Survey

Survey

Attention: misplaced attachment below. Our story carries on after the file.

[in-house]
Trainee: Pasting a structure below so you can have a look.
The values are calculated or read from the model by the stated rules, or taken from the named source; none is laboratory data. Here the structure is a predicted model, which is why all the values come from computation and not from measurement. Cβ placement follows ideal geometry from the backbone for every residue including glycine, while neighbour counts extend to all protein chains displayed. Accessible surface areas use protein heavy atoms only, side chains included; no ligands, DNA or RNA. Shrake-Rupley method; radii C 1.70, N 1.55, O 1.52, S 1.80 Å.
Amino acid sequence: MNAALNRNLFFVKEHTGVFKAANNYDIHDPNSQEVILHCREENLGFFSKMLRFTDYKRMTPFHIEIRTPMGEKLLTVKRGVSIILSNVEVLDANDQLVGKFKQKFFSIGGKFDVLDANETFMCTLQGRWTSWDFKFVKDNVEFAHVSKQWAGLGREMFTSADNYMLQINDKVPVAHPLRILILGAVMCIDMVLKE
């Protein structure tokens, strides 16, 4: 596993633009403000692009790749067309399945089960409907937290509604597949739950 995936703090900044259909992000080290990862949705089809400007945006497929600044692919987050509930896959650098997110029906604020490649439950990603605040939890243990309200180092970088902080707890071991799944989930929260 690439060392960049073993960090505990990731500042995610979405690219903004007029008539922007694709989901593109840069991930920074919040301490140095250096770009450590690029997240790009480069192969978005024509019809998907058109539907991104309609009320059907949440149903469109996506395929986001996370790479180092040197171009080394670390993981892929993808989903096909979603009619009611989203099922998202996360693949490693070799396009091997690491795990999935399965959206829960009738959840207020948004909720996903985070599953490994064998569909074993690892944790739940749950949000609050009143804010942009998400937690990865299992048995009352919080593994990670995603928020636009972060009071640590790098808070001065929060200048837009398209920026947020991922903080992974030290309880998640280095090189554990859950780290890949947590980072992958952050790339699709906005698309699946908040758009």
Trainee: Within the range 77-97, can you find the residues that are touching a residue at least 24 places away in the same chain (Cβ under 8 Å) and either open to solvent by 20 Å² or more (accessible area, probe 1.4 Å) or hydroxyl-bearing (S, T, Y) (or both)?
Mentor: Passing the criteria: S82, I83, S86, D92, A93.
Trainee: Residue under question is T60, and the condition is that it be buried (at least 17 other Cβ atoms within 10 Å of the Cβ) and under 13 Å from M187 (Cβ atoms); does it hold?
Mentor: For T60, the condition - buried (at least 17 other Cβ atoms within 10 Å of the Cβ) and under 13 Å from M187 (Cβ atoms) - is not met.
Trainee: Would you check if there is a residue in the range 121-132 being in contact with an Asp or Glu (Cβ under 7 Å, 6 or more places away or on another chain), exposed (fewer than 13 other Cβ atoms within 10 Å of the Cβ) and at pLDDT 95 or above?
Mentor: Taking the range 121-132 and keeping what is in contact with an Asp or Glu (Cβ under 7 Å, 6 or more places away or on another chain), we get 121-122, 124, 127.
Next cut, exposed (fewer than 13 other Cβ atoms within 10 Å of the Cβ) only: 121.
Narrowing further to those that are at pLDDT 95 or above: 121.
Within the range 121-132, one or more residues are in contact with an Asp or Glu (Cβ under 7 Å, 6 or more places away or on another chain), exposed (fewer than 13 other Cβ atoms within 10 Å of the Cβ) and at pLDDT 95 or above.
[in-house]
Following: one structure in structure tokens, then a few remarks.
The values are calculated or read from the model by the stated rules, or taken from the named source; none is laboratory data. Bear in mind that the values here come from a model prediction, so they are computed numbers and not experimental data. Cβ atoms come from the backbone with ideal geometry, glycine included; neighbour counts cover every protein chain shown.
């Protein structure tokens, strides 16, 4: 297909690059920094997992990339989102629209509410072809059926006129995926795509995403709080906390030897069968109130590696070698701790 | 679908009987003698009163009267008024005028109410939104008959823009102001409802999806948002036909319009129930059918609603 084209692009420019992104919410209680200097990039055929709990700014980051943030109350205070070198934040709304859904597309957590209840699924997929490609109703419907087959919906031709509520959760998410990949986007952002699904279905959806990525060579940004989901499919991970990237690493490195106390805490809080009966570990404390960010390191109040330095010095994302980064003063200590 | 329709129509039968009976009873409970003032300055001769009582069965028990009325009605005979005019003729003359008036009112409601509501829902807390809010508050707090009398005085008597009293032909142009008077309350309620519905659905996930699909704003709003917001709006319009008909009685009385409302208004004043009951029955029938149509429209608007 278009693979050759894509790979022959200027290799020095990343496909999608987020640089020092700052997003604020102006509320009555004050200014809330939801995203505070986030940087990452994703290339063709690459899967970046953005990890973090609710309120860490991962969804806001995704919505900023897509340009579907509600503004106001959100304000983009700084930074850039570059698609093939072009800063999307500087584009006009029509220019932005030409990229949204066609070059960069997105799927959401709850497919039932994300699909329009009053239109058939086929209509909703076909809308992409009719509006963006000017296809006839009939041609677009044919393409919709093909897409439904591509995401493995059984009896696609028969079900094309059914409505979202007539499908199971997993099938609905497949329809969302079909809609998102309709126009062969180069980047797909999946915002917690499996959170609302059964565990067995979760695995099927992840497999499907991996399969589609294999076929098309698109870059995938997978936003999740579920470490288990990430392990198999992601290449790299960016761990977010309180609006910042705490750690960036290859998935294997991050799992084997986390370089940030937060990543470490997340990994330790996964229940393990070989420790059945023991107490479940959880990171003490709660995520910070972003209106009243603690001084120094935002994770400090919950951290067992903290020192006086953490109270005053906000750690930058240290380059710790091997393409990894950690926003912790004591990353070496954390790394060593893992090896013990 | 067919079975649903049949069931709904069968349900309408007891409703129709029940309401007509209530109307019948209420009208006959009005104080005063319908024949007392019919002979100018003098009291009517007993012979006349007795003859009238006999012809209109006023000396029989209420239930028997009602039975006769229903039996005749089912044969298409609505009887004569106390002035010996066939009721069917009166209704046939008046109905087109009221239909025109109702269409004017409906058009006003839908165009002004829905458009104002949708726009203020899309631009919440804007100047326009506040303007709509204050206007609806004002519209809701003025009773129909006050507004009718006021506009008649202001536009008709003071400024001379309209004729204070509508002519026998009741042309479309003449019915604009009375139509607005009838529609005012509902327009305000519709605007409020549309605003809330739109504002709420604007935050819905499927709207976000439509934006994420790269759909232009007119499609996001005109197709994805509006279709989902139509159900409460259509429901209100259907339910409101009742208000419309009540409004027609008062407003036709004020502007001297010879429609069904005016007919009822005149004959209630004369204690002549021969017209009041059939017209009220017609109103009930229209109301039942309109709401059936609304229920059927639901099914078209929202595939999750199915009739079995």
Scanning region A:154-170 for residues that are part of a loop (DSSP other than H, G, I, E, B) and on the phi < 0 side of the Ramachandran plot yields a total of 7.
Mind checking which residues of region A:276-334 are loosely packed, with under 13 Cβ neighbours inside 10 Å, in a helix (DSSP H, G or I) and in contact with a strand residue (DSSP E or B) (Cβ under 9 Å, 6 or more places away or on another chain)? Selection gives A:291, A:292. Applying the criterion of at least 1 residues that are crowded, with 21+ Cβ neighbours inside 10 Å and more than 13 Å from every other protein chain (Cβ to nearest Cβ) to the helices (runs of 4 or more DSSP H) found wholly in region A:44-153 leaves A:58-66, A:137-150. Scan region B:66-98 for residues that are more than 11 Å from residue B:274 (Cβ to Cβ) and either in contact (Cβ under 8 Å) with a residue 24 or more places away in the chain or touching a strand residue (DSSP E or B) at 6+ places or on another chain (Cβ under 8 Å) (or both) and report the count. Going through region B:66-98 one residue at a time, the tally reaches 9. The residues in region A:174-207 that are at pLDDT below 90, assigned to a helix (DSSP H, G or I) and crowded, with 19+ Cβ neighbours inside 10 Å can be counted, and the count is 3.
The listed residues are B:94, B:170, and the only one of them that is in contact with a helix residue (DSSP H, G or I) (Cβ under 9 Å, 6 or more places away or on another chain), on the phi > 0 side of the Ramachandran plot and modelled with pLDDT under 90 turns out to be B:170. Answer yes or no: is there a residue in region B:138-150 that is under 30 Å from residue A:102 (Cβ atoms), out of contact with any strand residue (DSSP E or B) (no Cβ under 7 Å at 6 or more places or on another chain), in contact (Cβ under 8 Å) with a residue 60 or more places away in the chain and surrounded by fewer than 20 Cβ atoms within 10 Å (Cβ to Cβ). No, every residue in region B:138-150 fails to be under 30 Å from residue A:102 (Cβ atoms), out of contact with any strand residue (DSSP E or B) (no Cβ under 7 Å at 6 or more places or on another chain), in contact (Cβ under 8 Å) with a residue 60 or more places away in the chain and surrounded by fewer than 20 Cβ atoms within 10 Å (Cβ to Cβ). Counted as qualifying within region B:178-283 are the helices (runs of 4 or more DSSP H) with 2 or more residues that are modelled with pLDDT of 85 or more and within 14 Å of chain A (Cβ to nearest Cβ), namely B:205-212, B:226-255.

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Motion under gravity Motions of the stars and gas in the disk of a spiral galaxy are approximately circular (vR and vz << vf). Define the circular velocity at radius r in the galaxy as V(r). Acceleration of the star moving in a circular orbit must be provided by a net inward gravitational acceleration: V 2 (r) = -ar (r) r To calculate ar(r), must in principle sum up gravitational force from bulge, disk and halo. † ASTR 3830: Spring 2004 For spherically symmetric mass distributions: • Gravitational force at radius r due to matter interior to that radius is the same as if all the mass were at the center. • Gravitational force due to matter outside is zero. Thus, if the mass enclosed within radius r is M(r), gravitational acceleration is: GM(r) ar = r2 (minus sign reflecting that force is directed inward) † ASTR 3830: Spring 2004 Bulge and halo components of the Galaxy are at least approximately spherically symmetric - assume for now that those dominate the potential. Self-gravity due to the disk itself is not spherically symmetric… If you are familiar with vector calculus, Sparke & Gallagher 3.1 derives Poisson’s equation needed to calculate force from an arbitrary mass distribution. Note: no simple form for the force from disks with realistic surface density profiles… ASTR 3830: Spring 2004 Rotation curves of simple systems 1. Point mass M: GM V (r) = r Applications: • Close to the central black hole†(r < 0.1 pc) • `Sufficiently far out’ that r encloses all the Galaxy’s mass eg image of the Galactic center Note: non-circular orbits and presence of massive stars Movie: Andrea Ghez’s group ASTR 3830: Spring 2004 2. Uniform sphere: If the density r is constant, then: 4 3 pr r 3 4 pGr V (r) = r 3 M(r) = Rotation curve rises linearly with radius, period of the orbit 2pr / V(r) is a constant independent of radius. † Roughly appropriate for central regions of spiral galaxies. ASTR 3830: Spring 2004 3. Power law density profile: If the density falls off as a power law: Ê r ˆ-a r(r) = r 0 Á ˜ Ë r0 ¯ …with a < 3 a constant, then: † 4 pGr 0 r0a 1-a 2 V (r) = r 3-a For many galaxies, circular speed curves are approximately flat (V(r) = constant). Suggests that mass † density in these galaxies may be proportional to r-2. ASTR 3830: Spring 2004 4. Simple model for a galaxy with a core: Spherical density distribution: V H2 4pGr (r) = 2 r + a 2H • Density tends to constant at small r • Density tends to r-2 at large r † Corresponding circular velocity curve is: V (r) = V H Ê r ˆ aH 1arctanÁ ˜ r Ë aH ¯ † ASTR 3830: Spring 2004 Resulting rotation curve ASTR 3830: Spring 2004